• The UK should aim to continue to meet its energy demand primarily with oil and gas for as long as is necessary – 10%
  • None of the above – 7%

Online poll of 2000 adults aged 18+ in Great Britain between 1st and 2nd February 2023. The figures are weighted and representative of the GB population.

Hundreds of thousands set to be forced into fuel poverty

Over 200,000 households are set to fall into fuel poverty as the economy struggles to recover from lockdown, according to new estimates. [1]

The End Fuel Poverty Coalition is warning that as the numbers in fuel poverty soar, a future wave of COVID-19 striking during colder weather could be catastrophic for individuals and health services.

Public Health England have declared that there is “clear evidence on the links between cold temperatures and respiratory problems. Resistance to respiratory infections is lowered by cool temperatures and can increase the risk of respiratory illness.” [2]

The Coalition has launched a petition calling on the government to build on announcements in the Economic Statement and take urgent action to save lives and help address the financial impact of the current crisis.

Fuel poverty is caused by low income, high fuel prices, poor energy efficiency, unaffordable housing and poor quality private rental housing. At least 2.4m households in England are already in fuel poverty, affecting 10% of the population. [3]

William Baker, from Solutions to Tackle Energy Poverty and member of the Coalition, commented:

It has never been more important for the government to fix the roof while the sun is shining.

While it is summer now, colder temperatures are on the way and hundreds of thousands more people will feel the harsh reality of fuel poverty. In just a few months we could see a perfect storm of cold homes, high winter fuel bills and a future wave of COVID-19 hitting the NHS during winter – a period when it always struggles to maintain services.

The Coalition wrote to the Prime Minister on 23 June setting out four steps for the government to take to tackle fuel poverty before the winter.

The Chancellor’s Economic Statement of 8 July introduced partial measures to help improve energy efficiency, but the Coalition argues that the government must go further.

Jacky Peacock, from Advice4Renters, said:

Ending fuel poverty is a public health priority, but it can only be solved through economic measures.

The government must deliver its full manifesto pledge to invest £9.2 billion in building energy efficiency, extend the Warm Home Discount and introduce wider Home Upgrade Grants. It must also take further steps to improve energy standards in the private rented sector, alongside improved security and affordability for private tenants.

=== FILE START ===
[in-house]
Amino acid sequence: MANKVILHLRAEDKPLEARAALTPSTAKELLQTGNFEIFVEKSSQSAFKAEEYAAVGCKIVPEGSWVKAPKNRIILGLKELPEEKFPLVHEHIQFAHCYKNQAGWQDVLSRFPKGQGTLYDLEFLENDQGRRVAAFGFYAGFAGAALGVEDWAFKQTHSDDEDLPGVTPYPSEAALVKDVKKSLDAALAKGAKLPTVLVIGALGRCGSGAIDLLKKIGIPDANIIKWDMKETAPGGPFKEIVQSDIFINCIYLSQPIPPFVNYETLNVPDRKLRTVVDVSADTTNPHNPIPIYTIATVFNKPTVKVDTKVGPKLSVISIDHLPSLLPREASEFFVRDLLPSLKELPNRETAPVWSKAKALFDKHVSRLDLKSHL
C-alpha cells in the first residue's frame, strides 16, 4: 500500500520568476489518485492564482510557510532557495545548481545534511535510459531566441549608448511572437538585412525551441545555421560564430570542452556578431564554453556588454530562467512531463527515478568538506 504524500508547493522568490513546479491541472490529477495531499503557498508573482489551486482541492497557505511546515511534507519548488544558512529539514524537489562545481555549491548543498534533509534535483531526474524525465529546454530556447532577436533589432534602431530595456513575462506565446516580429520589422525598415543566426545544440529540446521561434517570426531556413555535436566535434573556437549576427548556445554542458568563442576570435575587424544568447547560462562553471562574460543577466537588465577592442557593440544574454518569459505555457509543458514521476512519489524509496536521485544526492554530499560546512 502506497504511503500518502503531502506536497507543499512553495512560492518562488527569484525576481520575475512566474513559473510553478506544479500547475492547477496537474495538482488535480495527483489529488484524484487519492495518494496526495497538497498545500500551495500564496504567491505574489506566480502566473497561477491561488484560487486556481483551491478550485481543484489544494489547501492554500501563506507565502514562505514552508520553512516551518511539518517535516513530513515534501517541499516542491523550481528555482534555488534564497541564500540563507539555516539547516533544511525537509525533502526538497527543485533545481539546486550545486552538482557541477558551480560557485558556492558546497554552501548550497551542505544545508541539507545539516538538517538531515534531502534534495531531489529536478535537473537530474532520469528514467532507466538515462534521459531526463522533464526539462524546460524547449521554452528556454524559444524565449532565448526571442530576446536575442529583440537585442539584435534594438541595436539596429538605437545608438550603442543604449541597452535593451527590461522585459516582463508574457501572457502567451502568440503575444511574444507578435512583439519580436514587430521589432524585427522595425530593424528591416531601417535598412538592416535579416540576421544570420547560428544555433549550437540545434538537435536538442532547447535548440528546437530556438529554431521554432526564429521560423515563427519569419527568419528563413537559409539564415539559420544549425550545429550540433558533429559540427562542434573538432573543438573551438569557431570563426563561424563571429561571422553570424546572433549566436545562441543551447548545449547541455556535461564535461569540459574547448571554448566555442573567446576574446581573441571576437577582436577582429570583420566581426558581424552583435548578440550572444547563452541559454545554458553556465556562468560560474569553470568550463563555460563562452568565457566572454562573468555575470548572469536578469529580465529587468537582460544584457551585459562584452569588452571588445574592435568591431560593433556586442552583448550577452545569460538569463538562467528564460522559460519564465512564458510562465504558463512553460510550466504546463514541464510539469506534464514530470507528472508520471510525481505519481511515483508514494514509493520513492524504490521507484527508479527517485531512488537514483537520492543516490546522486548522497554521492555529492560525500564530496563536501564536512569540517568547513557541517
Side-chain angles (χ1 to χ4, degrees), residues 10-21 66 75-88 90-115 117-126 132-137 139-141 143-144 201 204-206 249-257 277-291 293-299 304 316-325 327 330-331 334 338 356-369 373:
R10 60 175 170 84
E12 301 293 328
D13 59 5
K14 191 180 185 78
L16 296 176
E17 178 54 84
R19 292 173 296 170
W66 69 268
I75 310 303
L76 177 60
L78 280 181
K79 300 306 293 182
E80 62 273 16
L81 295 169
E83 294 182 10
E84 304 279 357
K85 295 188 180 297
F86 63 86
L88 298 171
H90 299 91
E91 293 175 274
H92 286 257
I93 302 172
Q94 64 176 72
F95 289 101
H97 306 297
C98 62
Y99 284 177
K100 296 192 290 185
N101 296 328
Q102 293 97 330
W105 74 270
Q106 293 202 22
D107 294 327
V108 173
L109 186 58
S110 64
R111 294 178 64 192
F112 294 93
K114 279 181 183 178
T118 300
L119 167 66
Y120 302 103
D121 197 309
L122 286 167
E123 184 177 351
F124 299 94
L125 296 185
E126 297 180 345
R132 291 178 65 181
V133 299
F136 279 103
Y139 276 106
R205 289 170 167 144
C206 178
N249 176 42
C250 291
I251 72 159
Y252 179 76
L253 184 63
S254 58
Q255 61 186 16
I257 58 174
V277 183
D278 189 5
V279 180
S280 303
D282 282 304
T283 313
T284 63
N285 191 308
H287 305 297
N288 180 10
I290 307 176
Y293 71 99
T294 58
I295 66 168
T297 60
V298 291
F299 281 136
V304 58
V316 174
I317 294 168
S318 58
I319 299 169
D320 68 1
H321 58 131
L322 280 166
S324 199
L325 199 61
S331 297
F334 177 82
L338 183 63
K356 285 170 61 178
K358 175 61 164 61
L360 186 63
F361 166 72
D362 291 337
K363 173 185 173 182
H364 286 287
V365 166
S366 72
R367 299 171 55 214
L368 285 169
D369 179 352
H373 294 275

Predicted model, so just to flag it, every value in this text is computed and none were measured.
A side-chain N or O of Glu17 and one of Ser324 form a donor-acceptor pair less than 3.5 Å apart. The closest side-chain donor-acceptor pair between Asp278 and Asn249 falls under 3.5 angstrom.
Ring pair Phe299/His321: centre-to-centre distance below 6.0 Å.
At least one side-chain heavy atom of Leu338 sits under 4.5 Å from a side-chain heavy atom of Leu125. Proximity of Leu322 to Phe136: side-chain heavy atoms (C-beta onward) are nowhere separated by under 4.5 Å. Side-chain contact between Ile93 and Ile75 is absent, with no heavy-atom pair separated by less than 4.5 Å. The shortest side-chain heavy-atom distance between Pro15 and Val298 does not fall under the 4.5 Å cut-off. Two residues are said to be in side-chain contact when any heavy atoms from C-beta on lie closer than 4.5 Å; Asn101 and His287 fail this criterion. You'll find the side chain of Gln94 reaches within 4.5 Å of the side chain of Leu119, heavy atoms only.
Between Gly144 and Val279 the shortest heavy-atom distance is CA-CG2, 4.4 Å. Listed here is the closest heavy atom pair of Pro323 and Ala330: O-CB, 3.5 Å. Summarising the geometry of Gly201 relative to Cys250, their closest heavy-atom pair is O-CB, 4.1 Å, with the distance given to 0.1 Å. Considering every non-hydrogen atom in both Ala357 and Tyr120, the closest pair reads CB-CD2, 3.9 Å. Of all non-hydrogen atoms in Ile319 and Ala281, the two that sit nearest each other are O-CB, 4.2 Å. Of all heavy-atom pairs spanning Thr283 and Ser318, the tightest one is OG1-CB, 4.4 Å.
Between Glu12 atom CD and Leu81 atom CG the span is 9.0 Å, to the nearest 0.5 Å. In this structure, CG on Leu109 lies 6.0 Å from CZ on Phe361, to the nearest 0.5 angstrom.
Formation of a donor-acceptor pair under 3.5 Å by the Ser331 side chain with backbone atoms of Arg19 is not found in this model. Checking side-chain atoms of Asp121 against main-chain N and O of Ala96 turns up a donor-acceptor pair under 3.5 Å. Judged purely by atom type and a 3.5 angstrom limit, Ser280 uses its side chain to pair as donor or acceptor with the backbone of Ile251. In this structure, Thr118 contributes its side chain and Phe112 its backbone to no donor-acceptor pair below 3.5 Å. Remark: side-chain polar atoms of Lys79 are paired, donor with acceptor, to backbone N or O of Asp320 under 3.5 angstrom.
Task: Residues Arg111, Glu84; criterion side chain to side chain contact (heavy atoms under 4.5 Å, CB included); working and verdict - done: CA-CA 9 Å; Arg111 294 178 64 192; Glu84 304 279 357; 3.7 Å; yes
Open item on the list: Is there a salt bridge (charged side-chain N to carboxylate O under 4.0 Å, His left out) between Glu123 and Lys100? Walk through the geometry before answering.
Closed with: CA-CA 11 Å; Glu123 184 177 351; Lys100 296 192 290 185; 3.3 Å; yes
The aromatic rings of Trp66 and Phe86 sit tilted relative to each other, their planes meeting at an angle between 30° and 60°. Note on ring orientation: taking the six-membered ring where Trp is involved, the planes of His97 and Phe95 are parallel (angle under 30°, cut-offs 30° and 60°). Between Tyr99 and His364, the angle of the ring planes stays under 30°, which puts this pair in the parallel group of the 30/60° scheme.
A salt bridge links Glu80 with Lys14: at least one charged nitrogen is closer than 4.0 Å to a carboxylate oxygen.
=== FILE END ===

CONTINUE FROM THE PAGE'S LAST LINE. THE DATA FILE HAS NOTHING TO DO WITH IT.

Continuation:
Finally, we must see a Fuel Poverty Debt Relief, not deferral of payment, programme introduced to ensure fewer people will have to choose between heating and eating.

Ruth London from Fuel Poverty Action added:

The Chancellor’s £2 billion for energy efficiency retrofits could have done wonders to relieve fuel poverty.  Instead, targeted at homeowners and landlords, it will do very little for renters. And without clear protections, homeowners will be at the mercy of high-pressure sales teams and unskilled retrofitters, who can leave them colder, and poorer, than before.

The public have been asked to show their support for steps to tackle fuel poverty by signing the petition

[1] End Fuel Poverty Coalition calculations. Unemployment is predicted to rocket from 1.29m to 3.08m people by late 2020, with the OECD predicting even higher figures. 3.08m people equates to 1.17m households. 148,000 or 30% of households with an unemployed HRP were fuel poor in 2018 (Government data). This will increase to 351,000 households in late 2020, assuming the fuel poverty rate for the unemployed is still 30% – a growth of over 200,000 households. Furthermore, many more households are likely to be forced into fuel poverty due to both reduced income and higher fuel bills arising from fewer working hours and spending more time in the home. 

[2] PHE, 2014. Warm homes enable immune systems to better fight off viruses, improve the likelihood of people with viruses only suffering ‘mild’ symptoms and help improve the recovery process. See: Baker, Ambrose et. al.